Caitlin Fields, Nutritionist and Dietetics student at the University of Maryland, joins the show to talk with us about maintaining a healthy lifestyle during recruitment travel. From eating out to managing stress and energy levels, Caitlin will share her tips, tricks and formulas for travel wellness success.
Taken from the live broadcast, March 20, 2012.
Topics discussed during the LIVE broadcast include:
- Recruitment Travel
- Weight Gain
- 5 Tips to Boost Energy Levels*
- Snacking on the Road
- Dining Out
- Per-Diem Food Budgets
- Combatting Stress
- Staying Hydrated
*Caitlin’s 5 Tips to Boost Your Energy Levels:
#1 – Maintain a balanced diet and focus on complex foods Focus on complex foods, such as complex carbs to maintain energy that lasts throughout the day (low-fat dairy, fruits and vegetables, whole grains), lean proteins and healthy fats (nuts, seeds, PB, avocado, fish). Limit foods that are high in refined sugars or simple carbs (cookies, sodas, etc.) These will spike and crash your blood sugar, resulting in decreased energy levels.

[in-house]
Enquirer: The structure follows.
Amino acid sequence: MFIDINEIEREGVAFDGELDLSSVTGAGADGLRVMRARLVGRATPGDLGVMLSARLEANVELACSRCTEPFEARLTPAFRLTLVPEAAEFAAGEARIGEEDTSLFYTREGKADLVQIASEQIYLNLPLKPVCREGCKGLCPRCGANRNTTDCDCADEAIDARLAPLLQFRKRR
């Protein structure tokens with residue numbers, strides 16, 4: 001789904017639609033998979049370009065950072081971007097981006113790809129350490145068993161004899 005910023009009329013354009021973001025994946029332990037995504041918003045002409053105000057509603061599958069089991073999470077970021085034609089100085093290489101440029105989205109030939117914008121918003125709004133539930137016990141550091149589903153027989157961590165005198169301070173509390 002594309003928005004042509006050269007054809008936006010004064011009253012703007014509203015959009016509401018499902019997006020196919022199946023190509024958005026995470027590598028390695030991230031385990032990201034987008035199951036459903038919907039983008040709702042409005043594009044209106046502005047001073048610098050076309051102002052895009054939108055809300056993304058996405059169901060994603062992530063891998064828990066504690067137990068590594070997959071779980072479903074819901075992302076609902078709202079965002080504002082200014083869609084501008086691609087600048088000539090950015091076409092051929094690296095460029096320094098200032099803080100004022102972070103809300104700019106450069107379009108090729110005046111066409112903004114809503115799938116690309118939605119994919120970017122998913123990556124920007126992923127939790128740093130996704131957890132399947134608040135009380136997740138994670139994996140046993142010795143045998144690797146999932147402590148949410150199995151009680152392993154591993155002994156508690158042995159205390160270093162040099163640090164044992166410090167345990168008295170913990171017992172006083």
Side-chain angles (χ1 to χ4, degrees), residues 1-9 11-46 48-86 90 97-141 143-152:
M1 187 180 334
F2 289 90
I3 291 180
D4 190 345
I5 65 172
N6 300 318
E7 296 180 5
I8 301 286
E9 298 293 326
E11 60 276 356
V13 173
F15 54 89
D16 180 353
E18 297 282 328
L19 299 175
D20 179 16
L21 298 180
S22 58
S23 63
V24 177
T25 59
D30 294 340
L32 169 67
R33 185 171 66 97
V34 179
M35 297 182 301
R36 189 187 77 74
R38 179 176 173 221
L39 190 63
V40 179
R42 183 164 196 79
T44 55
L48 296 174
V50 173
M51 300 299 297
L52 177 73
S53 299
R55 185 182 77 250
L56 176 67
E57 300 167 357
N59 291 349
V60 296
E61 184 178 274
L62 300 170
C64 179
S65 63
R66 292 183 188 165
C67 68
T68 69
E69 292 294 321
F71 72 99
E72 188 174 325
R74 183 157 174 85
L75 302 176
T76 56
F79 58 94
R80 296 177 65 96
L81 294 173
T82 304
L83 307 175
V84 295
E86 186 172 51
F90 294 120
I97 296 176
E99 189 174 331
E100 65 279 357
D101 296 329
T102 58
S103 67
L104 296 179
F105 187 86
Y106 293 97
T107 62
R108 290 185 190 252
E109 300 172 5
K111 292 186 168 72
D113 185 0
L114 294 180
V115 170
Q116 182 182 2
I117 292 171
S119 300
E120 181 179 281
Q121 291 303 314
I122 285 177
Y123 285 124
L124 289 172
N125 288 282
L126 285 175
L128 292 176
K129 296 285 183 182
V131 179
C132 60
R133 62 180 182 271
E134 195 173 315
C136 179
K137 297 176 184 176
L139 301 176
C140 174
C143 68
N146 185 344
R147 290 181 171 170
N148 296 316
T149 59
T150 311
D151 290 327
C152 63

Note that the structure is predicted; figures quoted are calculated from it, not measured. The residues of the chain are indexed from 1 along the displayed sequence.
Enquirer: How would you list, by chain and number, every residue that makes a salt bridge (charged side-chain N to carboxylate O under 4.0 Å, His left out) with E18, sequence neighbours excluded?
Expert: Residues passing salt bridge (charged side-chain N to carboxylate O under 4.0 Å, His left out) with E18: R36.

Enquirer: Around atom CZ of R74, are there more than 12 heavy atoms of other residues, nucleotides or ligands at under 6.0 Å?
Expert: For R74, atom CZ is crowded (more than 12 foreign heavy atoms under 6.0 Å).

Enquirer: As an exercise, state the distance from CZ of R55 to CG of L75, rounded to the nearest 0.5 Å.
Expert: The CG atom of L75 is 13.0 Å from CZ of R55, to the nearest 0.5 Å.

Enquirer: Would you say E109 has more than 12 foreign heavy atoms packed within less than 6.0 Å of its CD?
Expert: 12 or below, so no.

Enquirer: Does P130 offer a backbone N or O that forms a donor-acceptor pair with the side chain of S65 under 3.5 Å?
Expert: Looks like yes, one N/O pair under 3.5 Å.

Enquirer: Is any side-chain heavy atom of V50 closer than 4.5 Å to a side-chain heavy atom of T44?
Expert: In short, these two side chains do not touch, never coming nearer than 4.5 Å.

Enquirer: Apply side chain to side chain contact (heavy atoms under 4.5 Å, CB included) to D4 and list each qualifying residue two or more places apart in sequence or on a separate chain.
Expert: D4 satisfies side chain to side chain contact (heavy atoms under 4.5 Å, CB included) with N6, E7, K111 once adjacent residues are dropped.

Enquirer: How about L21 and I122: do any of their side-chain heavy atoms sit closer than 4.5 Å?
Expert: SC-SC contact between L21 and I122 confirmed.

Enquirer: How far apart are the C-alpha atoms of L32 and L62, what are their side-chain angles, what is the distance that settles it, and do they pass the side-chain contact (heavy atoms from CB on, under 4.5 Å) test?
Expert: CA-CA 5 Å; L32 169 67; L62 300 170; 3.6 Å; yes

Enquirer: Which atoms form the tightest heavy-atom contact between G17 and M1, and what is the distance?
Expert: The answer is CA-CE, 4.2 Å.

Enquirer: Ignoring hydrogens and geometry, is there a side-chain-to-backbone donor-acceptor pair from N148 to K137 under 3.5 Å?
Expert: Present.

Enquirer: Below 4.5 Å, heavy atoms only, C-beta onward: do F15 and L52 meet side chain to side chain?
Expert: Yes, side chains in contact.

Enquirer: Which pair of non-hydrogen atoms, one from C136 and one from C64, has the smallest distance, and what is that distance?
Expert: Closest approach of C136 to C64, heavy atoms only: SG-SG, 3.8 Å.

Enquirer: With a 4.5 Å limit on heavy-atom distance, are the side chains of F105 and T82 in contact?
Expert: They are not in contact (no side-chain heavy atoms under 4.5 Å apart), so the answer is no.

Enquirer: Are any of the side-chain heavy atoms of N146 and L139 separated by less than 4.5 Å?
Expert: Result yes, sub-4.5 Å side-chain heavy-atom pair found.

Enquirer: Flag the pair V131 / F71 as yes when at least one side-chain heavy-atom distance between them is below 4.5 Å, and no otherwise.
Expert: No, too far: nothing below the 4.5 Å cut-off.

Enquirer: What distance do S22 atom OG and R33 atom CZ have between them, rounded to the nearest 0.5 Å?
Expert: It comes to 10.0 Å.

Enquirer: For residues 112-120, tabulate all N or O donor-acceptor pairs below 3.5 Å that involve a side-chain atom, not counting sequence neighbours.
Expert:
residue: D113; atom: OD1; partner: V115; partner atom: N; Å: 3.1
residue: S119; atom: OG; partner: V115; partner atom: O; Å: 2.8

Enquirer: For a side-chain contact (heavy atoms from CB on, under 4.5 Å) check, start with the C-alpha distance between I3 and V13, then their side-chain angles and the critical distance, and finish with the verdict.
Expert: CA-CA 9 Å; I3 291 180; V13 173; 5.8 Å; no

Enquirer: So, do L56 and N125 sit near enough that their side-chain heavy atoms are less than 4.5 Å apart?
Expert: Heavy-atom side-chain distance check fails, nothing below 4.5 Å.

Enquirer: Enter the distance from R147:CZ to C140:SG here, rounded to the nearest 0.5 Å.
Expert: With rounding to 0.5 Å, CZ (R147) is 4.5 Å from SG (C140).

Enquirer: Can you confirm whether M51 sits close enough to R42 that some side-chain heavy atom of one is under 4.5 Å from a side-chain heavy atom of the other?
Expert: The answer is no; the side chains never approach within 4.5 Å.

#2 – Don’t skip breakfast (or any other meals!) Eating breakfast kick-starts your metabolism and gives your body a jolt of fuel that can set the tone for the rest of the day. Eating breakfast has been associated with an increased mood, better concentration, and high energy levels throughout the day.
#3 – Power up with power snacks (protein + fat + fiber) Some examples include peanut butter on whole grain bread, or low-fat yogurt with a handful of nuts. The carbohydrates give you a quick energy pick-me-up, the protein keeps your energy up, and the fat makes the energy last.
#4 – Find some time to exercise Just a 10 min walk can dramatically increase your energy levels. Exercise is also a great way to combat stress, which is another contributor to low energy levels. Exercise decreases stress hormones and increase endorphins, your body’s feel-good chemicals, giving your mood and energy levels a natural boost. Take a walk, hit the hotel gym, bring along a yoga DVD.
#5 – More H2O, less alcohol Dehydration can often mask itself as fatigue. Even slight dehydration can leave you feeling tired and sluggish. Alcohol is not only calorie-dense but it’s also a diuretic, so it increases your dehydration. Do your best to drink water throughout the day and limit the amount of alcohol you consume. One drink for women and two for men per day.
More questions for Caitlin Find her on twitter @foodiecait.
The Academy of Nutrition and Dietetics:
The world’s largest organization of nutrition and food professionals.
A great site to visit for any nutrition-related questions and healthy eating tips.
The Nutrition Source – Harvard School of Public Health
Another great resource to nutrition information and healthy eating tips.
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